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John S Goodall - Victorians Abroad

Victorians Abroad
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Artist Biography
John Strickland Goodall (1908 – 1996) was a British artist and illustrator. Through his children's books, and his Victorian and Edwardian albums, John Strickland Goodall became one of England's best-loved artists. The remarkable feature of his books is that they were all completely designed and illustrated by him, and none of them contained a single word, beyond the title-page.

He was born in Norfolk in 1908, and came from a long line of doctors. He showed great talent for art at Harrow School, and his father reluctantly agreed that he could study drawing with two artist friends of his, Sir Arthur Stockdale Cope, and John Watson Nicol, both formidable relics of the Victorian age. "I was trained to be a mid-Victorian art student," Goodall recalled. From 1925 to 1929 he attended the Royal Academy Schools, where he met his future wife, Margaret Nicol.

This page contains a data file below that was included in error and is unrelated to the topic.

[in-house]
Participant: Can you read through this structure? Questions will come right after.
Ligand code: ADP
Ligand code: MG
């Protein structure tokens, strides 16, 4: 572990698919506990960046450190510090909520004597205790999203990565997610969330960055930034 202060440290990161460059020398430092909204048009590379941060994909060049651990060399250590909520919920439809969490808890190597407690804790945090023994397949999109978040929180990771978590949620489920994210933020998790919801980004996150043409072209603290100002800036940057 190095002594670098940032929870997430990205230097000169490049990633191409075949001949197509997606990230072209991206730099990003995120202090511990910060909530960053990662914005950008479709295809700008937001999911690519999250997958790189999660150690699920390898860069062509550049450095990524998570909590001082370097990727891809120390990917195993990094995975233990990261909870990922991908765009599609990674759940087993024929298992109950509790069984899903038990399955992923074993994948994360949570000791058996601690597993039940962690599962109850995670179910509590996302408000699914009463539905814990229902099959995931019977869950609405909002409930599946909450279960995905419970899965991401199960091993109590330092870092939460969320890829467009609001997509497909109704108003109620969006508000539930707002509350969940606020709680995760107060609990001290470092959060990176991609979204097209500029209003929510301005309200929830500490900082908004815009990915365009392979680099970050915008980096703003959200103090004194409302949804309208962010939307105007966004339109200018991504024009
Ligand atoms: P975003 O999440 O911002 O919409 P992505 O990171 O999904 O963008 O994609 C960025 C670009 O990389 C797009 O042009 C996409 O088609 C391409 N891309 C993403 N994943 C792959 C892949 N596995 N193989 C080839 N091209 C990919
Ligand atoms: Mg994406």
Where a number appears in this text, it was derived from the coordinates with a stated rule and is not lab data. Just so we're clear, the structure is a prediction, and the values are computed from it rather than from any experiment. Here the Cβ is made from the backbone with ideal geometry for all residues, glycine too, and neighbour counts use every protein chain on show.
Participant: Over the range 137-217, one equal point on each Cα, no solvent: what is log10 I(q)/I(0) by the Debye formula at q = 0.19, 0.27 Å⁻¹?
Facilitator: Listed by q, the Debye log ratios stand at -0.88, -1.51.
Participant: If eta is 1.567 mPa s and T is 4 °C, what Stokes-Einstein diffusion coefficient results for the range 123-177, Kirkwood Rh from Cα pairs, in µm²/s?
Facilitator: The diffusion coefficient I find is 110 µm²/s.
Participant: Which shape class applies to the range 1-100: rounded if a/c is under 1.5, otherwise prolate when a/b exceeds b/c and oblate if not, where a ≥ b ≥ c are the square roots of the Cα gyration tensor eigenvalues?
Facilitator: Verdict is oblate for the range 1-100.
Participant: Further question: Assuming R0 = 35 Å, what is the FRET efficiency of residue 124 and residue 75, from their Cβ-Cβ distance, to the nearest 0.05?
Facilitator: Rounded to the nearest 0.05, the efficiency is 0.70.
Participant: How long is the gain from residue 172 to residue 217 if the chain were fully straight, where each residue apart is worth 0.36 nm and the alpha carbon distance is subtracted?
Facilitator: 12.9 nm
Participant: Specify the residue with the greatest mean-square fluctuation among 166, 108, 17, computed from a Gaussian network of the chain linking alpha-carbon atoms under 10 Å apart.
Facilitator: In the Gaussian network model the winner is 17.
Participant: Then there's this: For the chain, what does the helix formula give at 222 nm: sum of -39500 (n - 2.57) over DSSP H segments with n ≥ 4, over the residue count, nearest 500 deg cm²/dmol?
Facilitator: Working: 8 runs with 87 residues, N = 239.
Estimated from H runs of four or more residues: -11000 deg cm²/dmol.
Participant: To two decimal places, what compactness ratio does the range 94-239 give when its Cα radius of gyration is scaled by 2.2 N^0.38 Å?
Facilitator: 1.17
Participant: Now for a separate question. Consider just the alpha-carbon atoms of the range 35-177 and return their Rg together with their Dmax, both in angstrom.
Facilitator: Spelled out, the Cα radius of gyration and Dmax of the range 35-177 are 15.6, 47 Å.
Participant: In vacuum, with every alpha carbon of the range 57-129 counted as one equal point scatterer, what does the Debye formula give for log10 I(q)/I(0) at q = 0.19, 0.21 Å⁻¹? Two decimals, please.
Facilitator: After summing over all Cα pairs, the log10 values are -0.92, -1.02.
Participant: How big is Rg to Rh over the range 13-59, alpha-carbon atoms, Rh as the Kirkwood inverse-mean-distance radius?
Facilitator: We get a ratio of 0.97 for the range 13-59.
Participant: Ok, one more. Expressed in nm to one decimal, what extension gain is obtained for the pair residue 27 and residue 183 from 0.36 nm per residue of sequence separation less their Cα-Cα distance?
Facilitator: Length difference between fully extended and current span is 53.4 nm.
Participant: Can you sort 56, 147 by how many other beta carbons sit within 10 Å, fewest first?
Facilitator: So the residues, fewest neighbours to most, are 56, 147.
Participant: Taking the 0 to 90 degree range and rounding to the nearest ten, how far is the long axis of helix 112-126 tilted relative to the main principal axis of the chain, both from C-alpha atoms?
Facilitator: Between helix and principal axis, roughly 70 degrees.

In the 1930s, Goodall worked mainly as an illustrator, for such magazines as the Radio Times and the Bystander. He also painted landscapes, interiors and conversation pieces, mostly in watercolour, which he preferred to painting in oil.

Margaret fell ill in 1970, and was thereafter mostly confined to bed. Goodall nursed her devotedly, leaving the house only once a week. This enforced seclusion led him to concentrate on children's books and it was this, paradoxically, that was to lead to his greatest success.

In 1989 his wife died and, for the first time in 20 years, Goodall was able to travel, and paint where he liked. This produced a wonderful final burst of creative work, mainly landscapes in Wiltshire, or views in France and Portugal.